Last period we discussed capacity and constraint management. Capacity is defined as the ability to hold, receive, store, or accommodate. In other words it is the maximum amount of work that an organization is capable of completing in a given amount of time. Constraint is when a companies system is limited in achieving its goals by at least one constraint. Managing both capacity and constraint will help the company identify the constraint and restructure the rest of the organization around it. If there’s a discrepancy between the capacity of a company and the demands of its customer then it could result in inefficiency, either in under utilized resources or unfulfilled customers. The goal of management is to minimize any discrepancies from occurring.
When trouble is on the horizon a strategic capacity plan takes formation. This type of planning matches capacity with anticipated demand requirements. Capacity can be increased through introducing new techniques and better utilization of existing capacity. A companies goal is to achieve its optimal or effective capacity which is the capacity at which it expects to achieve given is operating constraints. Now, theres a lot that is taken into consideration when assembling a strategy to alleviate any discrepancies in the organizations strategy. A company has to forecast accurately, understand its technology and find its optimum level of operation.
All things considered, there are a lot of companies that find themselves having discrepancies with their capacity and demand. One that quickly comes to mind are QSR’s. They have to accurately measure their output versus their demand. If they misjudge or miscalculate their capacity and constraints, it could cost them money in the short run. Additionally, their establishment could create a perception of inadequacy to the customer and cost them even more in the long run.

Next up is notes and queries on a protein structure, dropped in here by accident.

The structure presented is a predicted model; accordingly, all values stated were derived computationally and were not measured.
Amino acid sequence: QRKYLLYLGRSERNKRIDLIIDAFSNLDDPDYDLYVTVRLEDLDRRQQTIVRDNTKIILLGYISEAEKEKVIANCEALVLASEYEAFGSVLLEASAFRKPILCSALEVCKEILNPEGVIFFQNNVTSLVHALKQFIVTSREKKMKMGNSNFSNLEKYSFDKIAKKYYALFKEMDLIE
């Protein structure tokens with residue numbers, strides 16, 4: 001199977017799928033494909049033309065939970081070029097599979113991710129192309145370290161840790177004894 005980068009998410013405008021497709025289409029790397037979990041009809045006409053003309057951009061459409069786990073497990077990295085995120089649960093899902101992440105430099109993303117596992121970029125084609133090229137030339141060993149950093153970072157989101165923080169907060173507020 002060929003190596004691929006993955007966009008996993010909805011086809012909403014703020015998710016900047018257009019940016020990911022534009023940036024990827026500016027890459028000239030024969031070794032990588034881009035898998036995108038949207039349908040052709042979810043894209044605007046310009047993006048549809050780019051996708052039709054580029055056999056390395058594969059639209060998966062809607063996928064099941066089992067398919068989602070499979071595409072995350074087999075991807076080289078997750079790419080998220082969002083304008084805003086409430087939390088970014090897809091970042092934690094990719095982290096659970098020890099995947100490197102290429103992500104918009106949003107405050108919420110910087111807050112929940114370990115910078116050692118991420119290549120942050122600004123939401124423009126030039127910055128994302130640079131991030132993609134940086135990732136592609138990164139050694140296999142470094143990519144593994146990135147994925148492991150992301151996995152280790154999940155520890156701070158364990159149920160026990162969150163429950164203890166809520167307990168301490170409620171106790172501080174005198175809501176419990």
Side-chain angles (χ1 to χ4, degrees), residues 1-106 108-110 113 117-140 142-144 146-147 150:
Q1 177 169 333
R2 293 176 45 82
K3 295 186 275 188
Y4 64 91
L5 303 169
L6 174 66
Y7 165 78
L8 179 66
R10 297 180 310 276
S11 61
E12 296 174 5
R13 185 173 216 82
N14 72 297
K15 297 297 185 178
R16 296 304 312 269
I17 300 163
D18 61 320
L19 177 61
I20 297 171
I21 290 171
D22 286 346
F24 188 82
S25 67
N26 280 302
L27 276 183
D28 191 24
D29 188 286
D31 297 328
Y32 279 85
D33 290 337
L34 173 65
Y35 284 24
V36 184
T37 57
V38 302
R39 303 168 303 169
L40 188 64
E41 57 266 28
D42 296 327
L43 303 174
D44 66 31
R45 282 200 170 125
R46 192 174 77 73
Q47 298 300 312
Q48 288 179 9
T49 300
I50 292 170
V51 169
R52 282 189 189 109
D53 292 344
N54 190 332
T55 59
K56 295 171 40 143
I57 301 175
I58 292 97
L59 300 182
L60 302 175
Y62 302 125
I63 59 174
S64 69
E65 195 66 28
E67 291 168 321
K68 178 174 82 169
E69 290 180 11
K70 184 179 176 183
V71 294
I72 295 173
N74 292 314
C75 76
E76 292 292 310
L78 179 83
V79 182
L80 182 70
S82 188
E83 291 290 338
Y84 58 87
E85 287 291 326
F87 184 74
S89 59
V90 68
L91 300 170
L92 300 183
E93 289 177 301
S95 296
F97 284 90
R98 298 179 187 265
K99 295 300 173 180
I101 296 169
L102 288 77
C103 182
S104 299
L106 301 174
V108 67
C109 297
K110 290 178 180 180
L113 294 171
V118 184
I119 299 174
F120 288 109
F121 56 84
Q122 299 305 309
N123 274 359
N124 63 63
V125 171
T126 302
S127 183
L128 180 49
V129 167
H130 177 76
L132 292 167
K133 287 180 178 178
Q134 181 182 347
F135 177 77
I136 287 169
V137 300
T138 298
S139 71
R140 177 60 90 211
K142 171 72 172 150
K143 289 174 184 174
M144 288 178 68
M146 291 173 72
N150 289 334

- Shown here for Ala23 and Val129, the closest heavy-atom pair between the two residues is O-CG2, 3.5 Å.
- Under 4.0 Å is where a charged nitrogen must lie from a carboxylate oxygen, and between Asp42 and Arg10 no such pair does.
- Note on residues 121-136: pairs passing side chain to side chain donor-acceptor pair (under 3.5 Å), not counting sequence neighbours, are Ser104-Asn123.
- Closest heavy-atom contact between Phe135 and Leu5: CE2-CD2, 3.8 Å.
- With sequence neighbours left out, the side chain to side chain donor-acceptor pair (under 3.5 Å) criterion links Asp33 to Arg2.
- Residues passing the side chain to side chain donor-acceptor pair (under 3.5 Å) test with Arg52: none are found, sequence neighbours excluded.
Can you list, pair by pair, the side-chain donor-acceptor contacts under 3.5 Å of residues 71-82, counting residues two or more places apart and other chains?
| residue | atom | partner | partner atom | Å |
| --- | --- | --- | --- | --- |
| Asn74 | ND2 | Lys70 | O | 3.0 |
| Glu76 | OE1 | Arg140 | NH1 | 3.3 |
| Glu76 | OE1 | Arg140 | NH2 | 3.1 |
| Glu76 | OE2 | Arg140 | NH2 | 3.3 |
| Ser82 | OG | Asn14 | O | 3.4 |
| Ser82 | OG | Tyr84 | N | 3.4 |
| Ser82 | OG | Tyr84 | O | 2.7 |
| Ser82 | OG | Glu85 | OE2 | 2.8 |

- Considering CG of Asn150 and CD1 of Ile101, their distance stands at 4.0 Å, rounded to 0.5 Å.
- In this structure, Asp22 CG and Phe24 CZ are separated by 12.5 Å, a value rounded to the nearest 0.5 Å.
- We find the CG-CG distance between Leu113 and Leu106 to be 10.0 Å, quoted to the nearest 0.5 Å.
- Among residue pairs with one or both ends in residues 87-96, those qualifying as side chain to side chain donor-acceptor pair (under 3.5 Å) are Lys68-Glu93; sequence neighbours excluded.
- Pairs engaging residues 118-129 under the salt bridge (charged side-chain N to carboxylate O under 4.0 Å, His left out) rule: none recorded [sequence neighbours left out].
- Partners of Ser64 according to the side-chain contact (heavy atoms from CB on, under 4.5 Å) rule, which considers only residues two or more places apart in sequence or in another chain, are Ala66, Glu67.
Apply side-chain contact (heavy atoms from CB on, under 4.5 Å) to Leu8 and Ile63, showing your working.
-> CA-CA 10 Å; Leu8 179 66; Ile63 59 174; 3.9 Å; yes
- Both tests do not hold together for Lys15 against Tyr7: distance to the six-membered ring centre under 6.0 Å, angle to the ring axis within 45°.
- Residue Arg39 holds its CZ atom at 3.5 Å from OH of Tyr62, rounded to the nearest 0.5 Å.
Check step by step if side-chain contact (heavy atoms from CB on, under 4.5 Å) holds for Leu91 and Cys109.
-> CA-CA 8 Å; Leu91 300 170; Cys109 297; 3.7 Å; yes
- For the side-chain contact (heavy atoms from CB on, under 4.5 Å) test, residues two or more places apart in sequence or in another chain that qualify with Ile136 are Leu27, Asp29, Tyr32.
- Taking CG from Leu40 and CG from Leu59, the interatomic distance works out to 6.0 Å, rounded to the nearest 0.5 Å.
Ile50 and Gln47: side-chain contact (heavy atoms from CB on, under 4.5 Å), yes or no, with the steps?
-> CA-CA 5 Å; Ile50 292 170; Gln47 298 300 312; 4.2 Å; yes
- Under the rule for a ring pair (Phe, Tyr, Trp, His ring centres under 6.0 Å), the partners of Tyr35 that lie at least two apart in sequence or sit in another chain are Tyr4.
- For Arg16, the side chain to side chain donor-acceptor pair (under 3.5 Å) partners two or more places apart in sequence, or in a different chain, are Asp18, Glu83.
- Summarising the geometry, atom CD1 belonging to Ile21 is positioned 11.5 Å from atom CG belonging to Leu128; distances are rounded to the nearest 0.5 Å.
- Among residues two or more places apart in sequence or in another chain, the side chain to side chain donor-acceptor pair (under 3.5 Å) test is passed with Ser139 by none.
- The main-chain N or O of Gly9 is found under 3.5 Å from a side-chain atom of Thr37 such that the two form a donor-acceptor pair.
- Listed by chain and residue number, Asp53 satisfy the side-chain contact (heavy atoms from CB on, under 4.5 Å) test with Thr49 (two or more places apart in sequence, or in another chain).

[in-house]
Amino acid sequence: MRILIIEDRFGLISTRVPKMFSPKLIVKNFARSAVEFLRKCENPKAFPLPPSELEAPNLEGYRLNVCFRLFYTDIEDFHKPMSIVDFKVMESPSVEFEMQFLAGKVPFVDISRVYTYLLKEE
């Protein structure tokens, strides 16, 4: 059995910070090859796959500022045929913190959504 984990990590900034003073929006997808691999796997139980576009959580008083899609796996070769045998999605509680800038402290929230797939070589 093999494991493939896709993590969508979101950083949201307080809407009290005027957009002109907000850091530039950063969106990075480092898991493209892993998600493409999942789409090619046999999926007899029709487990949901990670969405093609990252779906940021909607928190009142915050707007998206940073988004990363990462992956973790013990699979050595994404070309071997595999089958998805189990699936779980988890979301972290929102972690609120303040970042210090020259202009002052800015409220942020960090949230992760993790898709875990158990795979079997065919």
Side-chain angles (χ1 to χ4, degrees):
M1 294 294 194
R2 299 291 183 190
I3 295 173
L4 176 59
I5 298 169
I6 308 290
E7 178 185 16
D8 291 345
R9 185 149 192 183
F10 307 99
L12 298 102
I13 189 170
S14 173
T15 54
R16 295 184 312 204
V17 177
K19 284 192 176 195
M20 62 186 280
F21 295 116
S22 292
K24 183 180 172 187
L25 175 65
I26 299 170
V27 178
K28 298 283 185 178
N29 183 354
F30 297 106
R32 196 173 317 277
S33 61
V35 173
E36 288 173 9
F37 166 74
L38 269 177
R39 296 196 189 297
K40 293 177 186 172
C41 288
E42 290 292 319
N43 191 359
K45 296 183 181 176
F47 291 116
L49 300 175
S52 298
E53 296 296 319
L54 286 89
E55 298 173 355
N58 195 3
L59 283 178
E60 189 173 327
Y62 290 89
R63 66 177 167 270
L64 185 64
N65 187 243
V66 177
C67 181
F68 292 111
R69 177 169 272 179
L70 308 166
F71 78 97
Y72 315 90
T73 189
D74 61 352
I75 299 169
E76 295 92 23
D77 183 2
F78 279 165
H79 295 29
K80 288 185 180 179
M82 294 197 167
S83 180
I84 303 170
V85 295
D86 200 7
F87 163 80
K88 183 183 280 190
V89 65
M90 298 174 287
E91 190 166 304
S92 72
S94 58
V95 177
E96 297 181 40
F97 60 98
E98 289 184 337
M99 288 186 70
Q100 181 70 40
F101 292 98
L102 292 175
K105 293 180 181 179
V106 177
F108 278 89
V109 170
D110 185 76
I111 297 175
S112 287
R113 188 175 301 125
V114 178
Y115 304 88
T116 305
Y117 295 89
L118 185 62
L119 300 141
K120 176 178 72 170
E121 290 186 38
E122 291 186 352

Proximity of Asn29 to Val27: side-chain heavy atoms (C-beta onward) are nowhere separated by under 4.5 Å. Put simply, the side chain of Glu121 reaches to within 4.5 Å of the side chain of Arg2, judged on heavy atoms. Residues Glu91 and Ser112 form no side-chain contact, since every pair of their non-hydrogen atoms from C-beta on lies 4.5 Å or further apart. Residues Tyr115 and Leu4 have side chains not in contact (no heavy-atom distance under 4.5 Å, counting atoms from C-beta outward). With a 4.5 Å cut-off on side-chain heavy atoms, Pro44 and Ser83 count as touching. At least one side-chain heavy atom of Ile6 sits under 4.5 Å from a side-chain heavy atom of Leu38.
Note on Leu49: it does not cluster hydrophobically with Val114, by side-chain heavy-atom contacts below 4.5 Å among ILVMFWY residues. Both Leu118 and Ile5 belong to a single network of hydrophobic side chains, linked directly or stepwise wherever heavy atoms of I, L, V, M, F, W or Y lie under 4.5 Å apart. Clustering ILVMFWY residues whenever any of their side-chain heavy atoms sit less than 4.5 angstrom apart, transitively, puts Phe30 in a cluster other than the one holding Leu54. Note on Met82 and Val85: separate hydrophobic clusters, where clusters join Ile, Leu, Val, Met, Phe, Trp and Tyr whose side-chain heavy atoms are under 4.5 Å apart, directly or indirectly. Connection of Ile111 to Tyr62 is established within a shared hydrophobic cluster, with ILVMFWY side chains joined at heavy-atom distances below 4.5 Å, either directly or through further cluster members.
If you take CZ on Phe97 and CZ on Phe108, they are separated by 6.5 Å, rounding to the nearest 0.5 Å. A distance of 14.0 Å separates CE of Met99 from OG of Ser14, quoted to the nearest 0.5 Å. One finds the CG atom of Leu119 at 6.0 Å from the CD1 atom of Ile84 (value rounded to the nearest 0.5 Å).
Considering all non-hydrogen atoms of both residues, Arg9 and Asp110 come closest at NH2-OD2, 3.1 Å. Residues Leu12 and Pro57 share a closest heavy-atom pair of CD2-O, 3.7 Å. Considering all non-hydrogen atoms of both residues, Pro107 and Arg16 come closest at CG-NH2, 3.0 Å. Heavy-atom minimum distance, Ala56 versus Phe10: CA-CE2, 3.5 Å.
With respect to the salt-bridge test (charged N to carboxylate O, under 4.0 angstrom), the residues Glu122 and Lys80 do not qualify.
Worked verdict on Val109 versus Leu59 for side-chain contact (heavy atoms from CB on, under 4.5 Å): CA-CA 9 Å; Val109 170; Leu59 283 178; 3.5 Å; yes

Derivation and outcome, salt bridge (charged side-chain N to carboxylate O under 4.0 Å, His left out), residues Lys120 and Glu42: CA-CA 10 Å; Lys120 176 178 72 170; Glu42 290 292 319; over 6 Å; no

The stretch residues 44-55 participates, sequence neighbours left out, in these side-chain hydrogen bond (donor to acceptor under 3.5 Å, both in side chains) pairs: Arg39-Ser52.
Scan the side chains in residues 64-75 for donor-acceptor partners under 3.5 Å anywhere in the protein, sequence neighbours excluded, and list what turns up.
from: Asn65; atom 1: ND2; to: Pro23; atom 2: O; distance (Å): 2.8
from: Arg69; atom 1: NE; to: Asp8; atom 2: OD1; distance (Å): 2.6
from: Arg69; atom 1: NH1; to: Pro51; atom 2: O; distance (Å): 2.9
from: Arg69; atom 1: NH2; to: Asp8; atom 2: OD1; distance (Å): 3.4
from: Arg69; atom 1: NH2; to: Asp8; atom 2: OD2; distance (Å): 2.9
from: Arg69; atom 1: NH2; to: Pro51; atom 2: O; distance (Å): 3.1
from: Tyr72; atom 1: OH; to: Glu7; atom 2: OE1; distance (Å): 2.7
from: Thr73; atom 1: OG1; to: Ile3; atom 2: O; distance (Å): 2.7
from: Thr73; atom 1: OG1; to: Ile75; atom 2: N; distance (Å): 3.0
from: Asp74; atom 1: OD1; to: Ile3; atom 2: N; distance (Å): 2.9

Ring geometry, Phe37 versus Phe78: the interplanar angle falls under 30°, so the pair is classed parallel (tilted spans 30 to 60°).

There are many other examples of companies or industries that often face this problem . Can you think of any? What problems do they potentially face with discrepancies in their management of capacity and constraints? Or can you think of a company that manages their capacity and constraints very well?
On Friday we discussed what forecasting is and how it is the underlying basis of all business decisions. A quick recap, forecasting is the process of predicting a future event. There are three types of forecasts used today; Economic, Technological, and Demand forecasts. Now, when we think of forecasting as related in this class, we assume that only companies take part in forecasting to predict events such as product demand, product development, sales numbers etc. What about the United States Government? Do they forecast? The answer is yes! If you think about it governments are just like companies with internal departments, agencies and people that they employ. Similar to companies, governments address business cycles or fiscal years in their case to mitigate any occurring or potential problems. More often than not, the majority and most important forecasting a government will do is an economical one. The strategic importance for a government to conduct an economic forecast is ensure that they are efficiently using their resources and operating at a capacity that they can maintain. If only the United States government would have taken this into consideration years ago.
Moreover, forecasting has time horizons such as short, medium and long range forecasting. The U.S. Government has to submit an economic outlook or forecast to the Congressional Budget Office every year and it includes all forecasting time horizons. However, these forecasts are not always accurate and some forecast might suggest that the system is stable and will continue as is. It is safe to assume that the U.S. Government uses a quantitative method as a forecasting approach. Mainly because it uses historical data and mathematical techniques to forecast the following fiscal year.
The United States Government faces daunting economic and budgetary challenges. The economy has struggled to recover from the recession that was triggered by an enormous decline in house prices and a financial crisis that the country has never seen before. Now, with sharply lower revenue and elevated spending, it wouldn’t take a genius to forecast a not so bright upcoming year for the economy but I believe there is still hope in turning it around. It won’t happen overnight but rather years from now.
Can you think of any other companies, governments, project managers etc, who use forecasting for their business decisions? If so, what approach do you think they took?